The much-hyped Lightning Network is “impractical” and “suffers from routing errors and wallet bugs,” according to the findings of a study done on the network.
Andreas Brekken of Shitcoin.com has been testing the Lightning Network after becoming the single largest node, to see whether the use case for the technology stacks up in practice. After finding the rewards for running a node pitiful in the last installment of his report on the Lightning Network, it’s more bad news for proponents of the technology.
Brekken put the Lightning Network to the test, attempting to send payments for good and services. He chose SatoshiTweet, a service that charges users to send a tweet from their official account, which only accepts Lightning Network payments. But upon trying to send the payment, Brekken encountered a series of glitches and errors.
In a Medium post, Brekken noted, “I click the Pay 2020 satoshis to Tweet button [and encounter an error message]. I click the button a few more times. The error remains the same. I click the button a few more times. The error remains the same. I look in the Google Chrome network inspector. SatoshiTweet is returning a generic 500 Internal Server Error response.”
He then tried over at Lightning Spin, a dice gambling game using Lightning Network. But again, Brekken encountered a series of errors.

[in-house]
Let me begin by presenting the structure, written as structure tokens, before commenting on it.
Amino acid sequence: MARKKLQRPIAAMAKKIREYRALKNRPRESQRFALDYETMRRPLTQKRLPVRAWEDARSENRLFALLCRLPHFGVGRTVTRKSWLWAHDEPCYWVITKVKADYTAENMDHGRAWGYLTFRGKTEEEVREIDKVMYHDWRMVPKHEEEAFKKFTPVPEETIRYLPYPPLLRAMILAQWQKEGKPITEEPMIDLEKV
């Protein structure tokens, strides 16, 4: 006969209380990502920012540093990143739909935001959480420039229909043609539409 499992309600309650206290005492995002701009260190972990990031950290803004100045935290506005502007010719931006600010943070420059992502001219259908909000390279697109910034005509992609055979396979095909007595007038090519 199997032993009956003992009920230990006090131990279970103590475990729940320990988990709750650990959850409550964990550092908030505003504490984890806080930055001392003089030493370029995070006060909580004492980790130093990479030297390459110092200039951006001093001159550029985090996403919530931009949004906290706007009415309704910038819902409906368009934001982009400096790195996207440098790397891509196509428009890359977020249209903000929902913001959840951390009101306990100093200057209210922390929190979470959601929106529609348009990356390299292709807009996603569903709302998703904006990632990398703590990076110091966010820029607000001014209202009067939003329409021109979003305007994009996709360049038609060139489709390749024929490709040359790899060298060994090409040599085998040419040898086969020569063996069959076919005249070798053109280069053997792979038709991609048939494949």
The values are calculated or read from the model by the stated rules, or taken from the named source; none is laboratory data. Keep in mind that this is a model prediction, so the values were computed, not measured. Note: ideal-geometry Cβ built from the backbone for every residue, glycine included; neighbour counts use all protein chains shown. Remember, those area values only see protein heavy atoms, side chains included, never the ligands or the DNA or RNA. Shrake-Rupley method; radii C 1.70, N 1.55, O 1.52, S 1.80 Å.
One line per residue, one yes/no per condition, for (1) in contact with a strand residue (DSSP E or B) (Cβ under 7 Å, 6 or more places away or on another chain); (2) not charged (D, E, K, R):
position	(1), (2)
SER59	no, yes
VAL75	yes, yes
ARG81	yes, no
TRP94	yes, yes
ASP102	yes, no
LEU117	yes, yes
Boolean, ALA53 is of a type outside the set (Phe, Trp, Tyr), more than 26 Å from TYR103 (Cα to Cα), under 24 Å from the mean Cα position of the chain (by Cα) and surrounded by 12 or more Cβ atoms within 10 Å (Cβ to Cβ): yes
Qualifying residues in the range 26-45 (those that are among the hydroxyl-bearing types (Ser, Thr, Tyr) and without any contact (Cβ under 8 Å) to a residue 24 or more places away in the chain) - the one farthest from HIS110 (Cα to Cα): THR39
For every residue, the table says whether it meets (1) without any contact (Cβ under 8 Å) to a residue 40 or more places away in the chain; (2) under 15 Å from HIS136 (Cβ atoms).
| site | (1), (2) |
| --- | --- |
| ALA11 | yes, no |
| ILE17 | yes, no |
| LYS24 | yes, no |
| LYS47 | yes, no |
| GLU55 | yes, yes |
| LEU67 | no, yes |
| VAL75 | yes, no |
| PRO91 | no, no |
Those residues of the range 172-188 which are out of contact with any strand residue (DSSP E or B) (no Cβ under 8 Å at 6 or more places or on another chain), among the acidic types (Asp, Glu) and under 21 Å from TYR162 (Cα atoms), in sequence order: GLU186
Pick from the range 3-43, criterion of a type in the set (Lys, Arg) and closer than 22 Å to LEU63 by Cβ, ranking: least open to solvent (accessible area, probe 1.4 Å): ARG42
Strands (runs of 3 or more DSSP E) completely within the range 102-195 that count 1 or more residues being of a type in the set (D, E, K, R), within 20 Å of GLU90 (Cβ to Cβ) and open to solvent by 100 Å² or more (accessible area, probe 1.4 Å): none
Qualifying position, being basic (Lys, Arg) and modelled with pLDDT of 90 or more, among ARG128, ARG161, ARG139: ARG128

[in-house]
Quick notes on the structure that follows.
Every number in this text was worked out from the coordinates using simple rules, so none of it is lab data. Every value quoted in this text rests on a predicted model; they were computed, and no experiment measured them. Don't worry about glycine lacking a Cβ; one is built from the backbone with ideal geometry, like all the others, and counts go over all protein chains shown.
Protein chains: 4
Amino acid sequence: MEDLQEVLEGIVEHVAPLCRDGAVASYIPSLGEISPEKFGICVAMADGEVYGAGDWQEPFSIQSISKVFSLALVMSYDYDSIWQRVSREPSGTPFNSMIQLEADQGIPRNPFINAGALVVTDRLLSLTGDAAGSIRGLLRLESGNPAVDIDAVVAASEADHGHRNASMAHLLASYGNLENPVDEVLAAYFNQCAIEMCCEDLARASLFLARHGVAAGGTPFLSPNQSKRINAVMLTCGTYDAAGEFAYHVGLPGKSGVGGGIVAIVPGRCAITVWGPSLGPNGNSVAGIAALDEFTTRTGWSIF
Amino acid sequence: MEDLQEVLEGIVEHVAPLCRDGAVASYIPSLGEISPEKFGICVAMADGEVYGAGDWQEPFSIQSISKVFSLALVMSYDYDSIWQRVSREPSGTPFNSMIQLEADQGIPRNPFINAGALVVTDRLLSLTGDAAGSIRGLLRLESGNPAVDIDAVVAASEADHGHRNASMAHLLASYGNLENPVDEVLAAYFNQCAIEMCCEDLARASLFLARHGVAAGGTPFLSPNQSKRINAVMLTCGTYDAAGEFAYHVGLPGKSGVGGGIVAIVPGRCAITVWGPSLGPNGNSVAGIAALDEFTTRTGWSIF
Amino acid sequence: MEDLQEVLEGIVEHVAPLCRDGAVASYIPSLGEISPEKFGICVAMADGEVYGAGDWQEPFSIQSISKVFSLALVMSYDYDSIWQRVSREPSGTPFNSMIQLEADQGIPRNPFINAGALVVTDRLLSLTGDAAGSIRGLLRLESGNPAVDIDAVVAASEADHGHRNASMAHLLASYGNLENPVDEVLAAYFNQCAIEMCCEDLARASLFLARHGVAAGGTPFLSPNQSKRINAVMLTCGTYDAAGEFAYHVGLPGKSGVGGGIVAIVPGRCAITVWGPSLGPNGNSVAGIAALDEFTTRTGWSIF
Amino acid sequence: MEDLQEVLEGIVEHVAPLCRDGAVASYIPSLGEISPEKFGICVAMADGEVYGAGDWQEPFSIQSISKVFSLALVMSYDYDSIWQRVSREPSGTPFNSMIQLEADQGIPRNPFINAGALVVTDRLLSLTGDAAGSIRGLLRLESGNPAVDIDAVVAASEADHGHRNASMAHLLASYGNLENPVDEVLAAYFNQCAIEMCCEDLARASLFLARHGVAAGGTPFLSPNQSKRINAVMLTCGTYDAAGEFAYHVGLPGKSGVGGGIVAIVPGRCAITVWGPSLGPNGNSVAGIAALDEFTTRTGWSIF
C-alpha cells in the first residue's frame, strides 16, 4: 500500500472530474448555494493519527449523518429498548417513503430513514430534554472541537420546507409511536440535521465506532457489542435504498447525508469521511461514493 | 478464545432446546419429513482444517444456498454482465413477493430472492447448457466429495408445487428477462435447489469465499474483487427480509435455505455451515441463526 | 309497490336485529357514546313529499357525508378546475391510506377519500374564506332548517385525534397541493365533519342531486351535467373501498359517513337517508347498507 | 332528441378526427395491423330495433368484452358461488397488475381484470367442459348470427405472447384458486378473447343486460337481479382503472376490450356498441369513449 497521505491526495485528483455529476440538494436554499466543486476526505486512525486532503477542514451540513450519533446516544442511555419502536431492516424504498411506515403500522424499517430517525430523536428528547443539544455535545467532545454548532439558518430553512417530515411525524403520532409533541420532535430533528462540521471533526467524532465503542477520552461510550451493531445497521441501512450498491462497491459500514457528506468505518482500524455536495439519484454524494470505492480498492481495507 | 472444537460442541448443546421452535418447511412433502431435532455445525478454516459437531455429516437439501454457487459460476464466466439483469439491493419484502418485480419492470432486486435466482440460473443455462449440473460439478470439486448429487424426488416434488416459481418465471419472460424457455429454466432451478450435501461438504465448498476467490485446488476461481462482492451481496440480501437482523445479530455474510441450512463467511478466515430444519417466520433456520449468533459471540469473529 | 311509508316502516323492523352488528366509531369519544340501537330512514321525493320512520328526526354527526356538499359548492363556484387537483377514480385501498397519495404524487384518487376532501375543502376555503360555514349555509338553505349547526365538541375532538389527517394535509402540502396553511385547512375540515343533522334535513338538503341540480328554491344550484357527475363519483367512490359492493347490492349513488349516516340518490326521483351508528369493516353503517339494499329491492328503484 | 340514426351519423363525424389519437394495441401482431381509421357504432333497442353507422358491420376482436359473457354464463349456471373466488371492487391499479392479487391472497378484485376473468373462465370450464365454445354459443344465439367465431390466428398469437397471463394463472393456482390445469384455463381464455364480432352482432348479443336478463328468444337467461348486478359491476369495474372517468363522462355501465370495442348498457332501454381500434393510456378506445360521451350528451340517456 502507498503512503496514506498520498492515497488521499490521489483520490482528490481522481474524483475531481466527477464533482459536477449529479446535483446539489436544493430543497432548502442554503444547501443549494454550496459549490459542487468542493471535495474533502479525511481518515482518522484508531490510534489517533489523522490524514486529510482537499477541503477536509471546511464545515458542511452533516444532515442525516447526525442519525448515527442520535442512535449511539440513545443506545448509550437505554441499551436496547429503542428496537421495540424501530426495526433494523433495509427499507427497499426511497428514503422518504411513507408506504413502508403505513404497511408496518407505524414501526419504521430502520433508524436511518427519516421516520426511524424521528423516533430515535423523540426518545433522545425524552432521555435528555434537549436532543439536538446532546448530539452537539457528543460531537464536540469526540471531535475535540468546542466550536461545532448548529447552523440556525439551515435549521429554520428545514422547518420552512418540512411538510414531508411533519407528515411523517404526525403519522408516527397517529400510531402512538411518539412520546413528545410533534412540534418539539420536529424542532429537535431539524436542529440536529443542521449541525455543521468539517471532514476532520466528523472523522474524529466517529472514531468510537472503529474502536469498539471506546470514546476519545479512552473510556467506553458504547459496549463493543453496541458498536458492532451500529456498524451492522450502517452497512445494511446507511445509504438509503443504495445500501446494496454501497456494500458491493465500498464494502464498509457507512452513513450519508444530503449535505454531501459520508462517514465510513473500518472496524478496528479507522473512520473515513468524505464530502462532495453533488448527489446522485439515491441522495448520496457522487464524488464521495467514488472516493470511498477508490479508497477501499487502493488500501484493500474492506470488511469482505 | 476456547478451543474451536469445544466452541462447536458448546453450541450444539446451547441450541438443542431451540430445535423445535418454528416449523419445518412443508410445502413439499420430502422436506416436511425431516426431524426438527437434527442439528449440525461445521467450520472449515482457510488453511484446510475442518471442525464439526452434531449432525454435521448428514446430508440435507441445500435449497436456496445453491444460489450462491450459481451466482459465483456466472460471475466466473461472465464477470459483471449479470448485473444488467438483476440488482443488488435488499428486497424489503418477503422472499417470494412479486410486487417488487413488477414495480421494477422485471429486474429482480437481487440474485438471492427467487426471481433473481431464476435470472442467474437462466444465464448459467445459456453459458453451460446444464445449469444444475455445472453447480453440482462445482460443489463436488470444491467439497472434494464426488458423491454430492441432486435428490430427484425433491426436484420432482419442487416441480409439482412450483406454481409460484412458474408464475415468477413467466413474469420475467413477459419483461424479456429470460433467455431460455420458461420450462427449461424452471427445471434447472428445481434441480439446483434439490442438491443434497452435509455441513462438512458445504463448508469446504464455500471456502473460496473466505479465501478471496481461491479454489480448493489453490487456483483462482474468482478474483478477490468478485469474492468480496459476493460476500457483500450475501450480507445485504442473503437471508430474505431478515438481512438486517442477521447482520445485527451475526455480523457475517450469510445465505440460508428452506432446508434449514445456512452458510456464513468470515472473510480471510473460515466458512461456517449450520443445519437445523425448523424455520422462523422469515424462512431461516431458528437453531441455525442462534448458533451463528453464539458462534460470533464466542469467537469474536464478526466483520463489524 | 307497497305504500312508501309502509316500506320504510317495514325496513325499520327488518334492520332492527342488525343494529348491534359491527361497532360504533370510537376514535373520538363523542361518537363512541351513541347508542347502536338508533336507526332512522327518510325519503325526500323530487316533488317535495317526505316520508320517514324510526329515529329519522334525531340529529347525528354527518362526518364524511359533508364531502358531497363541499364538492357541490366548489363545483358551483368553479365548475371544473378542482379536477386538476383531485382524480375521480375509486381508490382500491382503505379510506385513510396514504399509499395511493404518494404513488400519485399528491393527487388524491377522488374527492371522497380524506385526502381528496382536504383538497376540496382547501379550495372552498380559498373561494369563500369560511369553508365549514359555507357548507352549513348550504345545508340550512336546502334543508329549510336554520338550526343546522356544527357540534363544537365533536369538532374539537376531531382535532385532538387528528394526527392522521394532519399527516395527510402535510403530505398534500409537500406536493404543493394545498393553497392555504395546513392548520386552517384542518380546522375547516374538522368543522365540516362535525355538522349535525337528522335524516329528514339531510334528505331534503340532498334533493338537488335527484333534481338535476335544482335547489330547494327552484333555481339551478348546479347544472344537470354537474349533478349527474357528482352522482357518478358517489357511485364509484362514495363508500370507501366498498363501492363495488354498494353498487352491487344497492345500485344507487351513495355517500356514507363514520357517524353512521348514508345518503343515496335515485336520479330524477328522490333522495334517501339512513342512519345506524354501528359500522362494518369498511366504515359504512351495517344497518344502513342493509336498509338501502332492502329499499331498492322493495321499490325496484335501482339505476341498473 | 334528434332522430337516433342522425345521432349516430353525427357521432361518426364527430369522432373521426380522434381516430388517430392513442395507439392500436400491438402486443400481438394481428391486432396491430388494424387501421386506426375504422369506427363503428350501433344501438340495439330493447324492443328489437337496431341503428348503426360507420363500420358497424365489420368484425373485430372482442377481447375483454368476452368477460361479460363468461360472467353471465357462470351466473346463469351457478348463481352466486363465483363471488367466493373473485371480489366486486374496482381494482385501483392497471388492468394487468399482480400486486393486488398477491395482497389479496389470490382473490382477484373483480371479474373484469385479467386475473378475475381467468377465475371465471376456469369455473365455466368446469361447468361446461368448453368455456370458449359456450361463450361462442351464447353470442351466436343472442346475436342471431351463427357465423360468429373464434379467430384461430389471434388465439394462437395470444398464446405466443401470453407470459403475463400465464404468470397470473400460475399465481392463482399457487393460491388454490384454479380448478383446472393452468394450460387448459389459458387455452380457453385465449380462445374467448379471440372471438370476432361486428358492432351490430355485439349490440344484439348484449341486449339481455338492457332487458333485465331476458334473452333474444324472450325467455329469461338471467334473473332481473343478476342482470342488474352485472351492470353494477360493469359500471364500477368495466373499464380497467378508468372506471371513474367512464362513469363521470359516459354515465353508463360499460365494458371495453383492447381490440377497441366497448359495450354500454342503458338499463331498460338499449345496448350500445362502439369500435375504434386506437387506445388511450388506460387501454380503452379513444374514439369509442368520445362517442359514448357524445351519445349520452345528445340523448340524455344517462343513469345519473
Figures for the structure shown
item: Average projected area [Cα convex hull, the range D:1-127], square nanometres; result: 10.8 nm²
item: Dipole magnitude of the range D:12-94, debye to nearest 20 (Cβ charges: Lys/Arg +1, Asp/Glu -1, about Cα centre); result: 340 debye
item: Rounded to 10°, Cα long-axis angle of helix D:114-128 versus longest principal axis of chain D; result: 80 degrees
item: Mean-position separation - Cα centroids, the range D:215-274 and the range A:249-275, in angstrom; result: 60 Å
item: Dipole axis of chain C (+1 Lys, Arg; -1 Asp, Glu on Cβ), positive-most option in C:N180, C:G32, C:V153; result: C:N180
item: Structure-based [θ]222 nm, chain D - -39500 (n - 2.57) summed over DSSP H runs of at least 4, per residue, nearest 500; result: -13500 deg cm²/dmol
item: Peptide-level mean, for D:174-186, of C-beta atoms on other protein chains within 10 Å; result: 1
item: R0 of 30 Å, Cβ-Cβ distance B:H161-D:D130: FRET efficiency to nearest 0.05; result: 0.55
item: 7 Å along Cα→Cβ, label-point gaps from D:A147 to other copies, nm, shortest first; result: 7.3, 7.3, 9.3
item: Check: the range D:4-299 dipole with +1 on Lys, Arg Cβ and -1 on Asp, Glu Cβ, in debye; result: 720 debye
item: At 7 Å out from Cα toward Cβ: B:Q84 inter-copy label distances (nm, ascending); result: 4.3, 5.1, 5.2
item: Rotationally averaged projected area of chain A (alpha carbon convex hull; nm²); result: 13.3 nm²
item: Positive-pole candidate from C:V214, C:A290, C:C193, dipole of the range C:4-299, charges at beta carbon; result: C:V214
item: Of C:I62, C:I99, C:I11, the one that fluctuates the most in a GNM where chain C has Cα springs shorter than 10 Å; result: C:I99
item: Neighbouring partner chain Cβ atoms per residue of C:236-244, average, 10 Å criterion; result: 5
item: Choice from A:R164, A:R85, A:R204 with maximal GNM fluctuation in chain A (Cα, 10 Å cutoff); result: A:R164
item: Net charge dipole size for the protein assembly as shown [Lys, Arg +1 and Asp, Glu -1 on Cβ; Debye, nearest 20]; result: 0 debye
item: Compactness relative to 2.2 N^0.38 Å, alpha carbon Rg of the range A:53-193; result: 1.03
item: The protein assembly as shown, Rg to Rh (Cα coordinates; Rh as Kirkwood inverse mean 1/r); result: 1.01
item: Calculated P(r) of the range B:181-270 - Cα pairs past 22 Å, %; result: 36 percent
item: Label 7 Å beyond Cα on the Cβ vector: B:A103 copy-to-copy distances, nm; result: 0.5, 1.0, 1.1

This pattern was repeated at several further sites, including Bitrefill, Satoshi’s Place and The Blockstream Store, as well as Lightning Network wallets. In each and every case, Brekken ran into problems with the technology.
After concluding the transaction phase of his review, Brekken came to the conclusion that the Lightning Network in its present form is still unusable, even for users with a good understanding of the technology.
“Sending payments using the Lightning Network is cheaper than the regular [SegWit] network, but suffers from routing errors and wallet bugs that make it impractical even for highly technical users,” he wrote.
According to the Medium post documenting his research, Brekken has yet to decide how to use his Lightning Node, beyond these experiments. He asks, “Is it safe enough to keep online? Will it ever become profitable?”
Read his previous review on running a Lightning Network payment hub here.
The Genesis protocol upgrade on February 4, 2020 is a monumental step in the history of Bitcoin, and will see BSV returned as close as possible to the original protocol as envisioned by Satoshi Nakamoto. Visit the Genesis Hard Fork page to learn more.
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